An immediate response of many gardeners when disease is discovered is to kill the pathogen. This is eradication. Eradication takes several forms. There are eradicant pesticides, that kill the pathogen on contact. Usually these cause some degree of harm for the host since most pathogens have a host relationship that is destroyed when the pathogen is killed. Eradication can also be or removing plants from the garden that are a source of disease. Picking up and disposing of fallen plant debris is eradicating a source of potential inoculum from the garden. Pruning cankered branches from a tree is a form of eradication.
One of the best forms of disease control is resistance. Selecting plants that resist disease is built in control. Diseases such as rust and powdery mildew have wide ranges of interaction with their hosts. By selecting plants that are resistant, there is no need for other control measures such as sprays. Resistance to plant disease comes as two types. Horizontal or multigenic resistance is partial or incomplete resistance and is conferred by several genes or their interactions in the host with the pathogen. Vertical or complete resistance is resistance conferred by a single gene in the host. Plants with horizontal resistance will get some of the disease but it won’t be overwhelming, often in grains, lack of resistance will result in complete crop failure. Plants with vertical resistance show no symptoms and are completely immune to the pathogen. While this complete resistance is appealing, it is only conferred by a single gene, and the pathogen can easily break down this resistance and cause disastrous disease. Horizontal resistance while not complete, is called “durable” resistance because it takes more time to overcome resistance conferred by multiple genes. The nature of resistance in garden plants is rarely detailed by growers or seed sellers. Often we are lucky to see any labeling for resistance. Crops like rose, crape myrtle and snap dragon are often sold as resistant to powdery mildew or rust and in some cases plant breeding programs strive to incorporate disease resistance into their breeding lines but then fail to label the product as disease resistant!
Cultural control is using good horticultural practices to limit the development of disease. Since many plant pathogens require a host to be predisposed, we have the opportunity through good horticulture to avoid the disease development. Planting woody ornamentals at the right depth is a cultural control of Phytophthora collar rots. Appropriate application of water, reduces stress and prevents plants from being predisposed to both root rots and canker diseases. Correct pruning cuts limit the development of decay in trees. Appropriate horticulture as discussed in the Garden Professors page will go far toward cultural control of common garden maladies. Proper plant selection is also a form of cultural control. Choosing plants adapted to the growing area climate, and soils selects plants that are less likely to be predisposed to disease. Poorly adapted plants are more susceptible to pathogens and thus more likely to become diseased.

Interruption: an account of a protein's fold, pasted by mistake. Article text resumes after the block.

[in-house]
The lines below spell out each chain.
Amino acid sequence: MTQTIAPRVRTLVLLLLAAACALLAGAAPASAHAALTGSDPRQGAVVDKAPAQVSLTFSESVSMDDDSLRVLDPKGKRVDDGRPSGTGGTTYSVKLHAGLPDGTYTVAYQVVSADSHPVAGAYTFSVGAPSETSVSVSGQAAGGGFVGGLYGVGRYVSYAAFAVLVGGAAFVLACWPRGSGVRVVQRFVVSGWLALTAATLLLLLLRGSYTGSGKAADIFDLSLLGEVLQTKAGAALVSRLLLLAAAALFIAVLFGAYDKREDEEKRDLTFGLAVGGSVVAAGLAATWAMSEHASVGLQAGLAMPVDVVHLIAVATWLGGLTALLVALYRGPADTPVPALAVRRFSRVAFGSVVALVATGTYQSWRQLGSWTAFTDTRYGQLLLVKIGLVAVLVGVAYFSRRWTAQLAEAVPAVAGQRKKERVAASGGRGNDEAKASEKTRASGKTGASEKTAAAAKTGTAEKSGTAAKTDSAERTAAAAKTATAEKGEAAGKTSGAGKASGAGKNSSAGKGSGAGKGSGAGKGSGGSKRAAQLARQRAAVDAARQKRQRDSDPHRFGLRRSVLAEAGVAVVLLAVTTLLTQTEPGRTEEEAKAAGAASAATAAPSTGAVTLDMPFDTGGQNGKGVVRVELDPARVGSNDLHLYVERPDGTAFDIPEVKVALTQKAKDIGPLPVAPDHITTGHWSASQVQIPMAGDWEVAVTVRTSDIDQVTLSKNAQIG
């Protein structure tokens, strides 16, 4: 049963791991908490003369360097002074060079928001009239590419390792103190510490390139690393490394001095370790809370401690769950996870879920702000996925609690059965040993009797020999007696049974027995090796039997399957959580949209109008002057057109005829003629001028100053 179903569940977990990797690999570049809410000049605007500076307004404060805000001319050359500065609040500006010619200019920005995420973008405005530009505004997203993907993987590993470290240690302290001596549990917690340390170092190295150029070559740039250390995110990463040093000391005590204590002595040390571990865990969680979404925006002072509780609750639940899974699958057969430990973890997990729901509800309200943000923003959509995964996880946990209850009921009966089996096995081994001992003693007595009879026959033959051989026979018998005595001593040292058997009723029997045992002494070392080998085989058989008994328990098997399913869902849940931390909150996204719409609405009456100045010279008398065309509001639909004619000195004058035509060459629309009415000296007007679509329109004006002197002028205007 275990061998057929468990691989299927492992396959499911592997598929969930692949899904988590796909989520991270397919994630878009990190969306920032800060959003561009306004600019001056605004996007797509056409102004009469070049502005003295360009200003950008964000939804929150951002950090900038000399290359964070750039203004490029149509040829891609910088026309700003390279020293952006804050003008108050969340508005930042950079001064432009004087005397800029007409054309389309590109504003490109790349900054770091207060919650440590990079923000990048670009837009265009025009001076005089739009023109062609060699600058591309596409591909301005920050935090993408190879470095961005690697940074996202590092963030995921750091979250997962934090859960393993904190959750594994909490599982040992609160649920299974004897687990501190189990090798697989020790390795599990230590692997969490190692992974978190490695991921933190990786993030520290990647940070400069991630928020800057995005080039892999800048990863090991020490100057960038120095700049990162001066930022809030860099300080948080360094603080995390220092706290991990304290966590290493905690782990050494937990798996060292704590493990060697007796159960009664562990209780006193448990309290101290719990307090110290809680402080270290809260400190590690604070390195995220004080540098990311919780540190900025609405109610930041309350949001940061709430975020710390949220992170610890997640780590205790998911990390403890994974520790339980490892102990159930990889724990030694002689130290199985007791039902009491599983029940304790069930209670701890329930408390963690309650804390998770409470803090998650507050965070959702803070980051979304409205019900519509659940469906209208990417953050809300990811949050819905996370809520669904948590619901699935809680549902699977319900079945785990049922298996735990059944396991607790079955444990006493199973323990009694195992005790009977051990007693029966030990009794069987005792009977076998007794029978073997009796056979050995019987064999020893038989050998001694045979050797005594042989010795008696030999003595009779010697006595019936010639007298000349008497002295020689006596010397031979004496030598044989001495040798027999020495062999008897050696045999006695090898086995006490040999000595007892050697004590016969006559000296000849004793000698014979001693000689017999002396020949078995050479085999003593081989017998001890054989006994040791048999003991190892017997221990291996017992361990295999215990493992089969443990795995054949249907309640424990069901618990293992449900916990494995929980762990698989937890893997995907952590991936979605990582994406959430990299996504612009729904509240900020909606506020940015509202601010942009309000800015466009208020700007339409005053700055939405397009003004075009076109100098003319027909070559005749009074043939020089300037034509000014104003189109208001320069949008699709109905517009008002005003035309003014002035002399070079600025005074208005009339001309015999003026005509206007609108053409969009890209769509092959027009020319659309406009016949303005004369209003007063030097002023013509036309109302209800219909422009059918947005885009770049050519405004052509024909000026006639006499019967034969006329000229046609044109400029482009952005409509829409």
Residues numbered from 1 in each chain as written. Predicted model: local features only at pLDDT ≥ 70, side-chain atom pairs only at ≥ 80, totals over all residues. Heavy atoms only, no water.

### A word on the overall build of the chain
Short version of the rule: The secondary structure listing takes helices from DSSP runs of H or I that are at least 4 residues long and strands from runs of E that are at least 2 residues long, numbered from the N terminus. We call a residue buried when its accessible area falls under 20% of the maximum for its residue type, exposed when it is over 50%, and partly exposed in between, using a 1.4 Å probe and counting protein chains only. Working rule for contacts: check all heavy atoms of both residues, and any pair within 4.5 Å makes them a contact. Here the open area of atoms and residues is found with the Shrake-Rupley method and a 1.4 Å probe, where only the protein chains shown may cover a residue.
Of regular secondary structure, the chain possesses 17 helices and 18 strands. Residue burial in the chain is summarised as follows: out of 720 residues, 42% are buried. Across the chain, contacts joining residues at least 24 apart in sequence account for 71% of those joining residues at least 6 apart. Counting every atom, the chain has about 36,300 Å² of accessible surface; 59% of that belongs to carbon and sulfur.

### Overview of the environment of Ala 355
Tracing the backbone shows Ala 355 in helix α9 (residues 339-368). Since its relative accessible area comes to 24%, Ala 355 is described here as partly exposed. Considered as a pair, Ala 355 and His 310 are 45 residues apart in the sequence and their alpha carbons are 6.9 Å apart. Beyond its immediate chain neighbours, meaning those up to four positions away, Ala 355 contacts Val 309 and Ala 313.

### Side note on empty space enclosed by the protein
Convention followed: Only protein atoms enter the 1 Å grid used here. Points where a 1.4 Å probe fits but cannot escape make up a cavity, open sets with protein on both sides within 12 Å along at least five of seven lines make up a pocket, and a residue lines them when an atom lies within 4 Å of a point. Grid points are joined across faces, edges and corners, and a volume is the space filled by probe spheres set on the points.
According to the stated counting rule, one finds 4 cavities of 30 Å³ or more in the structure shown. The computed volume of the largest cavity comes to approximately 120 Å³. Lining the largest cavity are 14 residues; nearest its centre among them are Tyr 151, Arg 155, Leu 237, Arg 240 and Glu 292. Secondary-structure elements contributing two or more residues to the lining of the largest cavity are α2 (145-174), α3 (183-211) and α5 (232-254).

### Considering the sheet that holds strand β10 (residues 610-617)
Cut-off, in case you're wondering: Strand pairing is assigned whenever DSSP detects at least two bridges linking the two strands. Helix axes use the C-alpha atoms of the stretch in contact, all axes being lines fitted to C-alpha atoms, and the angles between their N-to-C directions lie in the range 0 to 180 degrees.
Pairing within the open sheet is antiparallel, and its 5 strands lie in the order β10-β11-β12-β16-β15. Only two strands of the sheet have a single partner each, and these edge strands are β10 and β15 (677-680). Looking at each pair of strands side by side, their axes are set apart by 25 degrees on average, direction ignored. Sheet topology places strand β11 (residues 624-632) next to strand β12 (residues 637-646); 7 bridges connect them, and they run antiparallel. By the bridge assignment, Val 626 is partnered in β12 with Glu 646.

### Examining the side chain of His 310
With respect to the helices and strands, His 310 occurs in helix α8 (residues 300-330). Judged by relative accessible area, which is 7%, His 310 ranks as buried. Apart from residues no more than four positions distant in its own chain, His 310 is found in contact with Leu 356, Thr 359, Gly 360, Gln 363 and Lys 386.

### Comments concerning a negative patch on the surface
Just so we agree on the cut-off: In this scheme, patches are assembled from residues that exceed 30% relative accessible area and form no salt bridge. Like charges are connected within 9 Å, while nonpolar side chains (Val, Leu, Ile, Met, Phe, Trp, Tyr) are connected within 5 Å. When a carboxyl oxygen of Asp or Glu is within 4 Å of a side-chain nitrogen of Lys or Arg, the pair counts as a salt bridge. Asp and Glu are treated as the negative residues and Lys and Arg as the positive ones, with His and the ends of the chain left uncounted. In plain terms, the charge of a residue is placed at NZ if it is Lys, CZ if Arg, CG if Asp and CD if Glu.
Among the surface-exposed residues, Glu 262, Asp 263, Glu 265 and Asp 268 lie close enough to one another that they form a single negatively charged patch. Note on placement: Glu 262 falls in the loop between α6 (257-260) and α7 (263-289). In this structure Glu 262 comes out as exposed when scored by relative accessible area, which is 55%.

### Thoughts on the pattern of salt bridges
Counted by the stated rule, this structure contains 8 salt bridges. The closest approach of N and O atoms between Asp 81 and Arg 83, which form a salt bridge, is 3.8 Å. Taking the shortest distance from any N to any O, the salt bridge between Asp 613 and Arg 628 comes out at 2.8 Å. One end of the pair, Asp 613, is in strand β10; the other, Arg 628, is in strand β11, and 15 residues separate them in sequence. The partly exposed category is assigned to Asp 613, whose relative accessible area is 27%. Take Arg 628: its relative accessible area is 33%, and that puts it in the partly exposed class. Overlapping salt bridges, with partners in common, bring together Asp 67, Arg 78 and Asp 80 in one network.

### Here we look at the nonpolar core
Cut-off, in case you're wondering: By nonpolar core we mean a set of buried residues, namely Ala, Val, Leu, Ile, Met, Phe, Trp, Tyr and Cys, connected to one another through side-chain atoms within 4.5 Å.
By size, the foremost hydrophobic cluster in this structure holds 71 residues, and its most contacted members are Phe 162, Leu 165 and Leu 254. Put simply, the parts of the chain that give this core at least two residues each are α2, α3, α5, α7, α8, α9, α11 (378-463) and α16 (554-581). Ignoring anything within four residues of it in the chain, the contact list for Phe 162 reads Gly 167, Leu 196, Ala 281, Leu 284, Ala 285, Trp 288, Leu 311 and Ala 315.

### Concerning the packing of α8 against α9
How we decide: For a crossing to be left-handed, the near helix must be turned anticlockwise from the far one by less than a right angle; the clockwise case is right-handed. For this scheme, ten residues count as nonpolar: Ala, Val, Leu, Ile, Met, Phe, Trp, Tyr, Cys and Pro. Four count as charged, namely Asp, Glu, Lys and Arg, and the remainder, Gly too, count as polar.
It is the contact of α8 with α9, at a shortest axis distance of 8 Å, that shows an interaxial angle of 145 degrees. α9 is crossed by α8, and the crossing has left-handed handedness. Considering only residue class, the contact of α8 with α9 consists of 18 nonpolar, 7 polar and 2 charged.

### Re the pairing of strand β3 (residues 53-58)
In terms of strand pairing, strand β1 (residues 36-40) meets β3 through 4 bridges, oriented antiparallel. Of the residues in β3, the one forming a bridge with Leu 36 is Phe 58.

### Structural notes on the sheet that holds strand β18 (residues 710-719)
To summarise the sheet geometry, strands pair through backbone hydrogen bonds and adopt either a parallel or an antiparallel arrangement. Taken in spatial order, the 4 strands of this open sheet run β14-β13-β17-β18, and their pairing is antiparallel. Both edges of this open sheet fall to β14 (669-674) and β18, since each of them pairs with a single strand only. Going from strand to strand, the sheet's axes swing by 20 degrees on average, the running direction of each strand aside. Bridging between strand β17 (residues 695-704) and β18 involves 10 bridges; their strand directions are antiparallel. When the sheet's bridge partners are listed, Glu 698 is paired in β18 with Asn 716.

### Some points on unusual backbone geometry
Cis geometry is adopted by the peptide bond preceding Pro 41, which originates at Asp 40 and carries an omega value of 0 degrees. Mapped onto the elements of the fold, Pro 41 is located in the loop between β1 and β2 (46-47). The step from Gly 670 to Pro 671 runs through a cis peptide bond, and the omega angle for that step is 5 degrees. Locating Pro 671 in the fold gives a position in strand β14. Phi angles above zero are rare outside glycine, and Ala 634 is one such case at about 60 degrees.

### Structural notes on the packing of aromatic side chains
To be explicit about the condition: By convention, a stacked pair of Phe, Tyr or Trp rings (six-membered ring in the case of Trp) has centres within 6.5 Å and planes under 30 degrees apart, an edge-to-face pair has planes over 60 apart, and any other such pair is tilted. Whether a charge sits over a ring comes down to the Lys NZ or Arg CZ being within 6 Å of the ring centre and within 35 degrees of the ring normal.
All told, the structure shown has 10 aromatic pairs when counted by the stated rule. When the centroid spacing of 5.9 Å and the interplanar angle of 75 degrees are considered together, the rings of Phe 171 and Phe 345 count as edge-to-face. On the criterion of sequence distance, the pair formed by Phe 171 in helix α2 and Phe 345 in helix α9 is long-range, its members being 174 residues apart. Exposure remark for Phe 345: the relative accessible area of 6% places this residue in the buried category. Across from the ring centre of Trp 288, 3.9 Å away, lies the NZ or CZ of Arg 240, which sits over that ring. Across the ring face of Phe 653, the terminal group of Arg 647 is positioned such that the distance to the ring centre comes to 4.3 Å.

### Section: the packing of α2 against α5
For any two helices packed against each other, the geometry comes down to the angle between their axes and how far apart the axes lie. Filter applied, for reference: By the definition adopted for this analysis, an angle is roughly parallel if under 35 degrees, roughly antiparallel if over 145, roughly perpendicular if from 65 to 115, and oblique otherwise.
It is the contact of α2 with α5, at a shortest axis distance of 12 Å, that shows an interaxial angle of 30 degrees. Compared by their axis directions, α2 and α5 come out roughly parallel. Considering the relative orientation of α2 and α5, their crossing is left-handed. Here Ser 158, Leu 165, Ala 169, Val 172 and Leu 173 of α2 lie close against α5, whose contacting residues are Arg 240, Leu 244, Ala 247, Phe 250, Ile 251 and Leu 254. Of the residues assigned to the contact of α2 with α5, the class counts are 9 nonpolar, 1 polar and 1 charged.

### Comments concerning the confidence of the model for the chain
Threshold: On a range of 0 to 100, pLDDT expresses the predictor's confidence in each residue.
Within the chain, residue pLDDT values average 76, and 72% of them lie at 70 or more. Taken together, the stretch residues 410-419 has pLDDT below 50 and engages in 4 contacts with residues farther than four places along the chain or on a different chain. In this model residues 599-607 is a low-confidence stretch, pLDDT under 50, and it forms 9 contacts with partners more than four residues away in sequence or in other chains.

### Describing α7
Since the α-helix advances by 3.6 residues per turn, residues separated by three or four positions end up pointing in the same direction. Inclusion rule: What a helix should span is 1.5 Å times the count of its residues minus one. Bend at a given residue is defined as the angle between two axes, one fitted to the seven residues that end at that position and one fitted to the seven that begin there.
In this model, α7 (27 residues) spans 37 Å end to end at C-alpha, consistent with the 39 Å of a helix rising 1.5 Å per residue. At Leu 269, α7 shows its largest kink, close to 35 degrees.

Biological control is the effect of one organism limiting the development of another thus preventing disease. Classical bio-control is when an exotic pest is introduced and there no natural enemies or parasites to regulate it. The pest/pathogen multiplies rapidly killing or affecting a large plant population. Research in the native range of the host looks for native organisms to control the pest. They are brought to the infestation, released and the pest/disease is brought into control. This works well with insects and the damage they cause. It has also been achieved with exotic plant pathogens. For our native pathogens, there may already be a community of organisms that limit its development. This is especially true for soil-borne pathogens. This is why the GP professors so often recommend fresh wood chips as mulch. Fresh wood chip mulches supply carbon for organisms in soil that interfere with soil-borne pathogens; a kind of mulch-mediated bio control for root diseases.
I find controlling diseases is a lot more difficult than understanding or identifying them. Usually by the time you have observed disease in the garden it is too late to stop its progress. You can take mental notes not to plant that variety again, or prune more diligently etc. but diseases are largely regulated or advantaged by the environment and our good or bad gardening practices. Of course the pathogen has to be present for biotic disease to happen, as we know that organisms don’t spontaneously generate. Disease control starts with identification then research and finally gardening actions that help prevent, limit or eradicate disease propagules.